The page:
“The best resumes that we get aren’t just ‘I graduated with this,’” explains Hayes. “They’re ‘I graduated with this, and here’s what I applied to this massive dataset I found online,’ for example.”

Don’t worry about perfecting the next ground-breaking innovation. Start small with what you know and gradually explore new spaces, taking every failure as another step closer to expertise. Plenty of data is publicly available online, which Saiem Gilani, director of data science and engineering for the Houston Rockets and 2020 graduate, consolidated into Sports Dataverse. Even more data can be found by networking with various experts in the field. When you’ve completed your project, publish it to sites such as GitHub to receive feedback for further improvement.

“Treat yourself like an organization that never stops recruiting, never stops scouting, never stops networking with smart people,” Gilani advises.

Rather than waiting for someone else to give you an assignment, push yourself to grow. If you can demonstrate that you know how to use data effectively before you’re hired, you’ll stand out among other applicants.

Thriving Inside the Industry

Data requires an astute mind to interpret and apply effectively. Raw data can be misleading, and it’s up to the data specialist to decipher it within the full context, weighing the numbers against other variables, known facts, and human intuition to uncover the most accurate finding.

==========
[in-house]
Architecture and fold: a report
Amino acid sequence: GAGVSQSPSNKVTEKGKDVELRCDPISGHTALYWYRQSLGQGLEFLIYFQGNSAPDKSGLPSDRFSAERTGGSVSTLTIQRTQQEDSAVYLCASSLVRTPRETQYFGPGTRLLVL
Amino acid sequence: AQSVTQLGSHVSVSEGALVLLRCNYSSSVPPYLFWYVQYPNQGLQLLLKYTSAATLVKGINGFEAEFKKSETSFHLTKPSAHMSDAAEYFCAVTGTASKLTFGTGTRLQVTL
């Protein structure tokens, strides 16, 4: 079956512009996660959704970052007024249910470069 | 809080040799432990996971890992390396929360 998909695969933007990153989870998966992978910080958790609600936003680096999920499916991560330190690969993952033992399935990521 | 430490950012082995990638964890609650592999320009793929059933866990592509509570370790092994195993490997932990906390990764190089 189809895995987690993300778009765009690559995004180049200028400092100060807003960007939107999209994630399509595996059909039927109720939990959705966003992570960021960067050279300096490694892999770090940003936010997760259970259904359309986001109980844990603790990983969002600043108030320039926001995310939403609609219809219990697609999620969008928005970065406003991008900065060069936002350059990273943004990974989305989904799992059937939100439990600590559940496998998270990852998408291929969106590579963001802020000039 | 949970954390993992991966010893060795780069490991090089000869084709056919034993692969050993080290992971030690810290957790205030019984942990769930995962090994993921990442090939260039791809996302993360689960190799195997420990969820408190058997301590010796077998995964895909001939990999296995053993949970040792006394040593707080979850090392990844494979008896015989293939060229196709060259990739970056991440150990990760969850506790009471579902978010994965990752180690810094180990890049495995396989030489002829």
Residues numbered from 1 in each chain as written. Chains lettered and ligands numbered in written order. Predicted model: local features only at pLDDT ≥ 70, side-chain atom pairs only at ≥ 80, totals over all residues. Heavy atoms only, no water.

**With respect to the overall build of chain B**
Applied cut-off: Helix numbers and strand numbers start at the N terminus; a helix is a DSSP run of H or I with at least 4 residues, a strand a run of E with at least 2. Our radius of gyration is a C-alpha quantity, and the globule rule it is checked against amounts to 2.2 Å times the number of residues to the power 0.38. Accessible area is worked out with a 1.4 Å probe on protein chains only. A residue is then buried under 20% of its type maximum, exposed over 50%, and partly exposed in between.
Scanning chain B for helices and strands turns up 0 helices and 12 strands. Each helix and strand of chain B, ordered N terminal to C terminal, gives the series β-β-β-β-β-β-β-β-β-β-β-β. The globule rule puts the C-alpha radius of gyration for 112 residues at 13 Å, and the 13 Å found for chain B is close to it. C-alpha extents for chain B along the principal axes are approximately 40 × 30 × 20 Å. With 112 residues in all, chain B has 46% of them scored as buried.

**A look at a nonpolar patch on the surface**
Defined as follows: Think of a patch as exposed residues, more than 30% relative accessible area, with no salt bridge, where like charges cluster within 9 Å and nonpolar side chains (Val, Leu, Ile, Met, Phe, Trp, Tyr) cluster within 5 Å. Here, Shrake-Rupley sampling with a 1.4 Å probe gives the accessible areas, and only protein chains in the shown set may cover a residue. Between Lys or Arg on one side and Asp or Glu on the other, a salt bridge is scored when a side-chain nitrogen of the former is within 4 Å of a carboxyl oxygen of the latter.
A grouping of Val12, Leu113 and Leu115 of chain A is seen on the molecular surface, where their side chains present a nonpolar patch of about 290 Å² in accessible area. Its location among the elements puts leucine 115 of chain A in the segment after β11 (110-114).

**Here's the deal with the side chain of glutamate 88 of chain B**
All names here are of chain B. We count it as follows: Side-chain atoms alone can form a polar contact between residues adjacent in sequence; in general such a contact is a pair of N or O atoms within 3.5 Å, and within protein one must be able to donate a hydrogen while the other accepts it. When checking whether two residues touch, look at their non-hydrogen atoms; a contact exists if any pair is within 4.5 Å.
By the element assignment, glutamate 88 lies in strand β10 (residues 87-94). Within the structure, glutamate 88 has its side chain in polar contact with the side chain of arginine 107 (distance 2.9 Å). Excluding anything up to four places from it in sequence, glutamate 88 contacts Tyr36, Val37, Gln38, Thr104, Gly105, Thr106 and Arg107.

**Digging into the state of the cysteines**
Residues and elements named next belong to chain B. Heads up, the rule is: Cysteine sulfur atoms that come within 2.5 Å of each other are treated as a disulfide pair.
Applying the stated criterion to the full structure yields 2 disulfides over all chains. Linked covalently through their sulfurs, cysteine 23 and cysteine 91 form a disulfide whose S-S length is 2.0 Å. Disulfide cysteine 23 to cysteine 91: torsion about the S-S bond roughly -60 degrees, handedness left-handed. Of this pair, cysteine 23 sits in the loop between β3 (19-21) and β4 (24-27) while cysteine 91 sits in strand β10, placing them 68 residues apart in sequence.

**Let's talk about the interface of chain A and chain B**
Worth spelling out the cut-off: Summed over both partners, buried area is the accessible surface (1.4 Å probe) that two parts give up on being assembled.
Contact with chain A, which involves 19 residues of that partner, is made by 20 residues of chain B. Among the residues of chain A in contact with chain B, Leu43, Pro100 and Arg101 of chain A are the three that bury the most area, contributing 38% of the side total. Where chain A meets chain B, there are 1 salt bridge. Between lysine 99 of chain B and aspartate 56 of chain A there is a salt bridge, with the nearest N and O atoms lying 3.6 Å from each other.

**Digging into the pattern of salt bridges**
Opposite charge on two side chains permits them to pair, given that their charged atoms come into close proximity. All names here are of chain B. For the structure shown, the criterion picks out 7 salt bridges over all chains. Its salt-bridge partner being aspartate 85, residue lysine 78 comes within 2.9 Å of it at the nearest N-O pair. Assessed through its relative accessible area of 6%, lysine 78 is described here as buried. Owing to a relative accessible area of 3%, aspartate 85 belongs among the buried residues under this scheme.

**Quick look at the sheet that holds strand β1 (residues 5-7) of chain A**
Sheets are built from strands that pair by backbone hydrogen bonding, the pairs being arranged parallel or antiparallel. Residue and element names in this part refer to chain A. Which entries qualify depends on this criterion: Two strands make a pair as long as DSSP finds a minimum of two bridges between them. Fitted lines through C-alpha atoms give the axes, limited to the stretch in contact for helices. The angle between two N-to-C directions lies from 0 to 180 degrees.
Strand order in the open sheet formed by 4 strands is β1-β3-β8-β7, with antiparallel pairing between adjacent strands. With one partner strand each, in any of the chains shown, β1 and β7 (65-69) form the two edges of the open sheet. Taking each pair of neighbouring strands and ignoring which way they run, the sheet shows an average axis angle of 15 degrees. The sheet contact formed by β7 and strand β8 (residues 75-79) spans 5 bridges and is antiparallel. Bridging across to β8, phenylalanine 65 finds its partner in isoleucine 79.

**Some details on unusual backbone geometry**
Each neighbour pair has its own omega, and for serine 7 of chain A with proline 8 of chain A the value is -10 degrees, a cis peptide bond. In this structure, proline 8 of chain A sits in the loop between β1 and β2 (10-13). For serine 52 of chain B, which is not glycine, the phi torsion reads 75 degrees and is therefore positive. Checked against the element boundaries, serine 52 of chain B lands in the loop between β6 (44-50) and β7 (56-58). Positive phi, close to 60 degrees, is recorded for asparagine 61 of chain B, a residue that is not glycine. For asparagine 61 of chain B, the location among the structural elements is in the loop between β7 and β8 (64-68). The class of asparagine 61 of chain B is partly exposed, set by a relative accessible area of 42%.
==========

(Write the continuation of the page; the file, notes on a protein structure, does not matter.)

“We all know that being comfortable with data means being comfortable with uncertainty,” says Cory Jez, another 2020 graduate who is now a pro sports executive and consultant.

“But organizationally, we need to be thinking about how we include that information in a holistic, well-integrated decision-making process.”

Most new insights are found at the intersection of a disagreement between data and human intuition, but skilled analysis is vital to ensure that the new insight is worth basing a new strategy on.

For this, communication is essential. Every sports team or organization consists of many different people with varying perspectives and areas of expertise. To arrive at the best strategy, everyone needs to be able to understand the data and provide their perspective. Context is important, and sports teams rely on skilled data experts to communicate it clearly to all their stakeholders for well-rounded, strategic collaboration.